The latest trailer for the upcoming DreamWorks film The Boss Baby — an animated comedy featuring Alec Baldwin voicing a baby who is, bear with me here, a boss — was specially cut together to be paired with Disney’s Beauty and the Beast remake, which premiered this past Friday. The video, jocularly titled “A Tale NOT As Old As Time” in reference to the line from the 1991 film’s theme music, features the Baldwin-voiced infant making Cogsworth and Lumiere play with one another as playthings before he directly accosts the audience. For a movie that would appear to be marketed to children, it sure does contain a joke about sticking a candlestick in there somewhere.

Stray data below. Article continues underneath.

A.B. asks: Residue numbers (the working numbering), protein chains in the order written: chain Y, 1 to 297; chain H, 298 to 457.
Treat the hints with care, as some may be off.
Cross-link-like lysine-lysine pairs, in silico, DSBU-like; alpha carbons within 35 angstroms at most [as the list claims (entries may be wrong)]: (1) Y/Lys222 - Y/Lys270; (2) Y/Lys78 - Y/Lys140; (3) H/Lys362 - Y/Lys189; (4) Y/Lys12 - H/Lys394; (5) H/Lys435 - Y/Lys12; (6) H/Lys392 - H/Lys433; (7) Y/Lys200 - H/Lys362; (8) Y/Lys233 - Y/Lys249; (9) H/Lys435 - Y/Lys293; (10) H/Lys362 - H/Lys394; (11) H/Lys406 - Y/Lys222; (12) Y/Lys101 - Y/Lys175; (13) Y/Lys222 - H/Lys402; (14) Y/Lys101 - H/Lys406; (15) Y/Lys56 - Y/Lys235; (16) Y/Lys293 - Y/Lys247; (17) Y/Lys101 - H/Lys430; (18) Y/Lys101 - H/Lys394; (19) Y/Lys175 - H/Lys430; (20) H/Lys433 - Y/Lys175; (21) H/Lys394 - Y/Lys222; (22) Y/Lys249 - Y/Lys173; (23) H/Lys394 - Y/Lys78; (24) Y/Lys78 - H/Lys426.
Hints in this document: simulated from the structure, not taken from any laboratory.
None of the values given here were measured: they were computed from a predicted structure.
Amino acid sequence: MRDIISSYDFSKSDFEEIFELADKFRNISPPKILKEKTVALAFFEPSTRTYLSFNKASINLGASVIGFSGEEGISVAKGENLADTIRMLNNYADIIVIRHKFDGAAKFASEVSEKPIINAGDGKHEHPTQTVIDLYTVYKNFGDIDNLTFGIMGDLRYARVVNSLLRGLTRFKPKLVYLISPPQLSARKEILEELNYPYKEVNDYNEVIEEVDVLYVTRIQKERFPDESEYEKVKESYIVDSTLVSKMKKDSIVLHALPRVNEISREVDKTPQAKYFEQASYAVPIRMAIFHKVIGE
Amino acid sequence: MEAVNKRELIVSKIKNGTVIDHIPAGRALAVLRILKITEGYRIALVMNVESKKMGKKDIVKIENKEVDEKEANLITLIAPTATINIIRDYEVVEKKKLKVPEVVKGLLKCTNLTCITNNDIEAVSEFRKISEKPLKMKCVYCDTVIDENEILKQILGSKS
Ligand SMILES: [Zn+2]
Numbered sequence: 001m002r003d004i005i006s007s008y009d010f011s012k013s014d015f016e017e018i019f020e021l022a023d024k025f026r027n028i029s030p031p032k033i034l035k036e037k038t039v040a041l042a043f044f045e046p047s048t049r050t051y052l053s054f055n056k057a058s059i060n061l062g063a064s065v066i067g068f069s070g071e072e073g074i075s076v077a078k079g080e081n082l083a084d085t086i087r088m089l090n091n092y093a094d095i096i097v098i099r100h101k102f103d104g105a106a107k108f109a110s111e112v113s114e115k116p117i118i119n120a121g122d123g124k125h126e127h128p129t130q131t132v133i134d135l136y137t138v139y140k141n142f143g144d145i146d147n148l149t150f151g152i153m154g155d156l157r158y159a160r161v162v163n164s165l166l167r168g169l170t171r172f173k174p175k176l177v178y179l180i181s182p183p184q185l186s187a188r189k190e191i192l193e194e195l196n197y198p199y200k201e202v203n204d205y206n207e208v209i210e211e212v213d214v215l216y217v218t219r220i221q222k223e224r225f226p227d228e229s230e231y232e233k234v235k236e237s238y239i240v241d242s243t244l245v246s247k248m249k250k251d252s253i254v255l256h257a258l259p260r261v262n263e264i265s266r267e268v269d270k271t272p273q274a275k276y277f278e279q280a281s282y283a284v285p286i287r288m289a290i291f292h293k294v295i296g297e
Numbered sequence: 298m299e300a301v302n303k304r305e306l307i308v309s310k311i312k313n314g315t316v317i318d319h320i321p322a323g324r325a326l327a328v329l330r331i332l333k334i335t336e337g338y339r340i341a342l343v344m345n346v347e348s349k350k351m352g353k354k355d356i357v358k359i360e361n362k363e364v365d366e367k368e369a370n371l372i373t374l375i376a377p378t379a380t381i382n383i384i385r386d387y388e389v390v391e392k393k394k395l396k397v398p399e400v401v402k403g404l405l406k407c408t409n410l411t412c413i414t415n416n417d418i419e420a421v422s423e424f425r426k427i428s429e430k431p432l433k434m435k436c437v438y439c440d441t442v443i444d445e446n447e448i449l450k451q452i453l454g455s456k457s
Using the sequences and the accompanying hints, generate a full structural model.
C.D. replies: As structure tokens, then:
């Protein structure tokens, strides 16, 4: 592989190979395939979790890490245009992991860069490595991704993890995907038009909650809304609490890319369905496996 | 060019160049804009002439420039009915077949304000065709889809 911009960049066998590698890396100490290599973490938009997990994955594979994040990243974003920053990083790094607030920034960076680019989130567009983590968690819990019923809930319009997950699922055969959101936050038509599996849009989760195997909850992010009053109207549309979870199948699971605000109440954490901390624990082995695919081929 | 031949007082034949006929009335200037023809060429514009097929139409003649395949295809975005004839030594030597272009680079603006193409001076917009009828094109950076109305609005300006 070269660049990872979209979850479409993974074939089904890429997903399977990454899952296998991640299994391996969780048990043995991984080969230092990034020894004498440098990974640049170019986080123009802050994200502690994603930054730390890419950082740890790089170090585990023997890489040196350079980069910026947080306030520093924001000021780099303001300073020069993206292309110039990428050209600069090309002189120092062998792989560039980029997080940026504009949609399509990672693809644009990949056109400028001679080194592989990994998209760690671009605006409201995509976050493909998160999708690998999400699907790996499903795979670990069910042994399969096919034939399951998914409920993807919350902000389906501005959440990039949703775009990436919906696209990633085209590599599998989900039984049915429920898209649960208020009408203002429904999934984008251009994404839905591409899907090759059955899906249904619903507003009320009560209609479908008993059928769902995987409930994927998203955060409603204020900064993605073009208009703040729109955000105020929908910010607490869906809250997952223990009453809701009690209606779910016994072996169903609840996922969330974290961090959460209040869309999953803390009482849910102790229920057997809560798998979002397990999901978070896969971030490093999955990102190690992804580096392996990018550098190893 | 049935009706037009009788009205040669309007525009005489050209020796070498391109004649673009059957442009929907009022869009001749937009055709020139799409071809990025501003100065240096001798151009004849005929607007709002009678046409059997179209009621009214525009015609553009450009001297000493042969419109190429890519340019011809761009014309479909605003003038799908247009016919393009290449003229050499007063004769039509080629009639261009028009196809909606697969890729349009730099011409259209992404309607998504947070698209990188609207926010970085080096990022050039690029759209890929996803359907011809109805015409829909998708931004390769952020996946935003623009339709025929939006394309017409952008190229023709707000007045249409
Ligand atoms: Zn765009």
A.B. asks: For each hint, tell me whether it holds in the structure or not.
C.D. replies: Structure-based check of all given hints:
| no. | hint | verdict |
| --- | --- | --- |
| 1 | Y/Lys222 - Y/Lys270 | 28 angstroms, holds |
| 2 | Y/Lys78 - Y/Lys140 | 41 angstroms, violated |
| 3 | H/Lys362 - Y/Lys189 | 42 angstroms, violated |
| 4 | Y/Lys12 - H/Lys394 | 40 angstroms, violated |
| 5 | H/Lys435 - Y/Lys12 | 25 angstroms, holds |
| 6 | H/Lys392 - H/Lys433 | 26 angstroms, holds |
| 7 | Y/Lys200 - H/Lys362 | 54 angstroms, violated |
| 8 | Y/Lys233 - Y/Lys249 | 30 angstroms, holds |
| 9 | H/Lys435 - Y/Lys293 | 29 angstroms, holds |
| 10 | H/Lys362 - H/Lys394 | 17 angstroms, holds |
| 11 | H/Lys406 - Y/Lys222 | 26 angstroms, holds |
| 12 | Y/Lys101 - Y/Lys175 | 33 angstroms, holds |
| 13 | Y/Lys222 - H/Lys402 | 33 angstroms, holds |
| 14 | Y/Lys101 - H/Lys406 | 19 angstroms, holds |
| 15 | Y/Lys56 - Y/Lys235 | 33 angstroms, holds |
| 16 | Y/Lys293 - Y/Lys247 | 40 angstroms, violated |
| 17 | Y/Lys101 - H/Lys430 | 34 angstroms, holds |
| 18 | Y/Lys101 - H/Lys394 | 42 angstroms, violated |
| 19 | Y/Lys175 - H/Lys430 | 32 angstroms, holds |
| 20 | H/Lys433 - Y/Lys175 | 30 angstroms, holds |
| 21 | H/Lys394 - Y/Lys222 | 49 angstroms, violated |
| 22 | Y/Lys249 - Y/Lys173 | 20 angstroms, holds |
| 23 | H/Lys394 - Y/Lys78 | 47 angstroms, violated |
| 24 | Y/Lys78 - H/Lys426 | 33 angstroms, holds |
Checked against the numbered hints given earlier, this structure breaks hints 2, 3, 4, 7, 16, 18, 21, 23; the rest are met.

Did you know that they apparently made another Terminator movie in 2015? Despite having seen it in theaters back during its original run, this still strikes me as new, hard-to-believe information. If there was really a new installment of Arnold Schwarzenegger’s popular sci-fi/action franchise as recently as two years ago, wouldn’t someone remember that? Wikipedia claims that the film (subtitled Genisys, which sounds fake but okay) attempted to launch Game of Thrones star Emilia Clarke’s big-screen phase of her career, included a clutch starring role from Ahnuld himself, and earned the second-most of any entry in the series. Call me crazy, but that seems like a pretty major occurrence to have entirely fled the public‘s collective pop-cultural memory. I’m skeptical — does this look like a real movie to you?